Asian Air 


(Updated Tuesday, Apr 1, 2008, 04:53:40 PM)

o generalization does justice to the infinite variety of character types among Asian Americans. There is simply no way to distinguish us from any other American ethnic group. Really? Please move on to another page.
     Let's start by acknowledging at least that in fact generalizations do exist about traits thought to be prevalent among Asian Americans.
     Some are the goofy kind based entirely on media stereotypes -- passive, nerdy, diligent, sneaky, etc. Others are conclusions formed by us Asian Americans based on years of experience and observation. Who better to evaluate our traits against those of our fellow Americans? Most of us live and work side by side on a daily basis with the broadest possible spectrum of humanity. Unlike Asians across the ocean, our opinions of Whites, Blacks and Hispanics aren't based on those annoying Hollywood stereotypes. And unlike Hollywood scriptwriters, we don't see our fellow Asian Americans through the distortion of vulgar commercial motives.
     So what do we know about ourselves?

     We are more sensitive. We are boorish. We have more integrity. We betray one another. We are more intelligent. We are superficial. We are aggressive. We avoid confrontation. We don't yak as much. We gossip too much. We have more respect for traditional values. We only pay lip service to traditional values. We value education and cultural attainments. We only care about making money.
     Who among us doesn't indulge in generalizations? Some are frivolous, some are based on insights gained from long years of experience and observation. Most remain locked up in the privacy of our own minds.
     How do we Asian Americans stack up in the character and personality departments compared with our fellow Americans? Share those nuggets of wisdom and perceptive powers. What better way to improve ourselves than to start by understanding ourselves?

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When I was a little boy, oh, about 5 years of age through 10, back in the late 50's, Television and movies always portrayed Asian's as always bowing. This was done so much that i thought it was a cultural way of humbleness,shyness, saving face. I never knew what to make of it. And, Asians, in the 60's on American TV were usually cooks. And they too had this humble, easy to please persona. I'm not saying this is negative, it just always made me think that Asians were very nice people. I have never thought otherwise and i'm in my middle 50's.

I have always looked on Asians and the way they did things or behaved was due to their collective strong spiritual discipline, that is what i always thought. The word "shyness" never came to my mind until mentioned here on this forum.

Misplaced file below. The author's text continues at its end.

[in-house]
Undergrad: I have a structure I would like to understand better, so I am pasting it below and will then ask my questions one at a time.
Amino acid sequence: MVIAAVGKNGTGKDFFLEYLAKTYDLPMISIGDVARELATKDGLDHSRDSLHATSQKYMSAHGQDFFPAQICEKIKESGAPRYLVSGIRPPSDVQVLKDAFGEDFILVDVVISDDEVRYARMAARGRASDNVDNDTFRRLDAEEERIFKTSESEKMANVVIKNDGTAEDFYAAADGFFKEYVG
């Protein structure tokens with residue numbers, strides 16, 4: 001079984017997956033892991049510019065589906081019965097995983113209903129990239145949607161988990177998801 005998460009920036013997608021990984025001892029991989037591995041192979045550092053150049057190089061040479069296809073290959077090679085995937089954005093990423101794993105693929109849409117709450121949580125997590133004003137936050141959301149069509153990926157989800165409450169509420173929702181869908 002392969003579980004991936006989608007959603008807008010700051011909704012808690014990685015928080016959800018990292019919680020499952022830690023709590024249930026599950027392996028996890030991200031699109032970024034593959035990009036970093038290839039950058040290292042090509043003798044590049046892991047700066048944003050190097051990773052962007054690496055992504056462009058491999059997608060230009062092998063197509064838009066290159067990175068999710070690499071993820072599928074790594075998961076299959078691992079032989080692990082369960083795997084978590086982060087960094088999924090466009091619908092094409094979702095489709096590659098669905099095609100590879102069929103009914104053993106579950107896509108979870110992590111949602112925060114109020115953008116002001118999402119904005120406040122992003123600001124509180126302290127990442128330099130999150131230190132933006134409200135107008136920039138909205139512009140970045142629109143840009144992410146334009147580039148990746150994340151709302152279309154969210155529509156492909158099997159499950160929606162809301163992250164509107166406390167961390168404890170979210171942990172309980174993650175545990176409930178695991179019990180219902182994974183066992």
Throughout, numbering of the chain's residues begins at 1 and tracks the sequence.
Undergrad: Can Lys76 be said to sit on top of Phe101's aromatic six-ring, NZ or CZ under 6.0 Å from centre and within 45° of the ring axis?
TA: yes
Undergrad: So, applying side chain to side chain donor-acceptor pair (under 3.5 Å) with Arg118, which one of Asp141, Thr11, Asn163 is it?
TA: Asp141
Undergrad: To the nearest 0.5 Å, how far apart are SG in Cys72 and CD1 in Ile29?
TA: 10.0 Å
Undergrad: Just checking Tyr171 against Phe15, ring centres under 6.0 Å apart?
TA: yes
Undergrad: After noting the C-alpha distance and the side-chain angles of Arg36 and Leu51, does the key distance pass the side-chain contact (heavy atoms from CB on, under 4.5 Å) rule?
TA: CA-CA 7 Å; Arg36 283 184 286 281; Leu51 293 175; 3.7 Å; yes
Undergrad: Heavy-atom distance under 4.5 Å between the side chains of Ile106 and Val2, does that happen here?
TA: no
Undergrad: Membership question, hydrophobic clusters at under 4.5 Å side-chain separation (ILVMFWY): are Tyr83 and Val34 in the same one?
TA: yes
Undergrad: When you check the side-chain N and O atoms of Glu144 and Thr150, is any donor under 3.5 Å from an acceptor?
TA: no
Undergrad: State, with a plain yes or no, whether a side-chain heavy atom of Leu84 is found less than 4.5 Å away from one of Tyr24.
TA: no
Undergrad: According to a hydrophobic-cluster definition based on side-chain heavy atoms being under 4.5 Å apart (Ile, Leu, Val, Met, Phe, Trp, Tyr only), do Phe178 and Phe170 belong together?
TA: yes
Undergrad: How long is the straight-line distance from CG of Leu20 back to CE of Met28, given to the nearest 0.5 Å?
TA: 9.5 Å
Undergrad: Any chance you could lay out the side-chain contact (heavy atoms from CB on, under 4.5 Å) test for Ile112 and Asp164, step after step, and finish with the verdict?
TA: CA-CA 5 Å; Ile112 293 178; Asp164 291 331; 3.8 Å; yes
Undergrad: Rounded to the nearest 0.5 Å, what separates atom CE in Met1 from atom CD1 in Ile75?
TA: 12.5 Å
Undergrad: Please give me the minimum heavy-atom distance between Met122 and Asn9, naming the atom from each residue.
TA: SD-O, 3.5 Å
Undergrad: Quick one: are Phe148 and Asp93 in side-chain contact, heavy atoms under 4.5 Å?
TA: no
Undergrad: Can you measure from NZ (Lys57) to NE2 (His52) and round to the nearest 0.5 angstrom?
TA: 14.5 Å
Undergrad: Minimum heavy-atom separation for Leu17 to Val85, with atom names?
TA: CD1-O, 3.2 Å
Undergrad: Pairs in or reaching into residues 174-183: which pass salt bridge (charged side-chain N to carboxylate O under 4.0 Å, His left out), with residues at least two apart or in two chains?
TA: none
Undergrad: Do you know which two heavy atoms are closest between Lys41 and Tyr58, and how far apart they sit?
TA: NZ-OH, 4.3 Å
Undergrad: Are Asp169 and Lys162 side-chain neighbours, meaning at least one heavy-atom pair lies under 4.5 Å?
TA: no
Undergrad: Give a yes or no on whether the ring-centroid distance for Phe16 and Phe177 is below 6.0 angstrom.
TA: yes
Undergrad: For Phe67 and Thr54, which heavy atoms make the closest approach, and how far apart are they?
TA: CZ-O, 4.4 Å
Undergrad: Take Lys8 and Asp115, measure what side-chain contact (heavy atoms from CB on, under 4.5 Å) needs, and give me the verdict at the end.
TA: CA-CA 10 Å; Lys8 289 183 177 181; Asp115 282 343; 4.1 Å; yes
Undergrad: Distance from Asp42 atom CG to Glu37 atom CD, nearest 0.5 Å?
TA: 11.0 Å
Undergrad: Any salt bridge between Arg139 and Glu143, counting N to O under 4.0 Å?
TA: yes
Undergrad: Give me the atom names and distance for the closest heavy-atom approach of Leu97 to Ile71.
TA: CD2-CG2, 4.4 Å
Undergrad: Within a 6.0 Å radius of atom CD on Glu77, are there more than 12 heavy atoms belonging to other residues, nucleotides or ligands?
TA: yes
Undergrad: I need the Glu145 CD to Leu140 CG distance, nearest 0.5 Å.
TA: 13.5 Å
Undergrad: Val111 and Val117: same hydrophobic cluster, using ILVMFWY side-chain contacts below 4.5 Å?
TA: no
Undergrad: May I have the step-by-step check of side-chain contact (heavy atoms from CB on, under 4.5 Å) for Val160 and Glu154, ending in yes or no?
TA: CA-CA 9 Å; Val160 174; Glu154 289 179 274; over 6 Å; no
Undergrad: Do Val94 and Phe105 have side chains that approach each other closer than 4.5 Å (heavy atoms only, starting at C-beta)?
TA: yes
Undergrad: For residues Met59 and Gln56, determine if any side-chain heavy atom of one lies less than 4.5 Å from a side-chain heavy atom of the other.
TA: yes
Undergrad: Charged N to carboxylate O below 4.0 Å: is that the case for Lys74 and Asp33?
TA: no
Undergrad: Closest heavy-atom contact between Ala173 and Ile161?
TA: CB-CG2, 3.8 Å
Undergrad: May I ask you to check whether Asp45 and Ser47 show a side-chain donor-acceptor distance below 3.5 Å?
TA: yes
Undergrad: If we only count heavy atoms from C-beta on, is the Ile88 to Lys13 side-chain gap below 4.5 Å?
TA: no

In the mid to late 60's when I saw Asians in my community here in Illinois, they usually owned and operated cleaners and private resturants.

I think that word shyness may also be a sign that some Asians are and were not comfortable in using the American English language, so they tend to show a outward appearance of shyness.
Blackpanther    Saturday, April 19, 2003 at 10:30:32 (PDT)    []
Well, I guess it is universally agreed that Asians are very shy. But I doubt if this has anything to do with our genes. I believe it is majorly because of our culture or maybe education. I have always stayed in Shanghai, China. So I would like someone born and raised in the US to tell me whether you are still shy. Do you think this has something to do with our education? Not necessarily in school but from our parents maybe? Thank you!
   Friday, March 28, 2003 at 02:57:24 (PST)    []
social skills are developed. I have finally read (parts) of the 7 habits of highly effective people and I agree.

Because of the own seesaw in my social skills ;)

In anycase, Ray, with the study thing, it is silly and serves no purpose, except perhaps to continue propagation of stereotypes. Aside from that, I have a tendency to megalomania, that body language would not do justice. (I could be napping, too, when the person is making his judgment)

Quality of sleep, emotional disturbances (sad furious anxious ecstatic euphoric) can all disrupt "normal" social.. uh, intercourse.

I find that certain people seem to demand my attention with their body language.. noticeably, mmm, some girls have amazingly subtle and sensuous body talk -- but the real issue is guys who try to be threatening or whatnot.

My first response is to laugh but then I realize it seems that they are trying to assert dominance and I get mildly offended. Why not more? I dunno, I just don't care. I wonder why they place such emphasis..

bah I have wandered.. in anycase social skills are pretty natural and easy to pick up, IMO, it is all a matter of pretending, after all =p

I cannot be more clear and am rambling so I will discontinue for now.
Captain of the Stars
   Monday, September 16, 2002 at 16:26:02 (PDT)    []

I completely agree with you 100%.
Its really a shame.
lil filipina
   Wednesday, September 04, 2002 at 14:29:03 (PDT)
FOP....That is hilarious!! When I was in college, many students from other countries would say that white Americans always had to get drunk to either have fun or muster up courage. Reading your post reminded me of that! It also reminds me that the KKK always had to wear masks and attack people in numbers, never alone b/c they are actually cowards.
   Tuesday, July 09, 2002 at 18:39:17 (PDT)
I think you're reading too much into it. It's just a normal ingroup vs. outgroup distinction. Whether it's just a convenience for general vs. specific reference like AC Dropout says, or reflects a deeper mentality, I don't know. But I don't buy the false consciousness theory that my KA friends calling themselves Korean to contrast themselves from other Americans is some kind of insiduous acceptance of their outsider status in society.
T.H. Lien
   Monday, July 08, 2002 at 22:31:47 (PDT)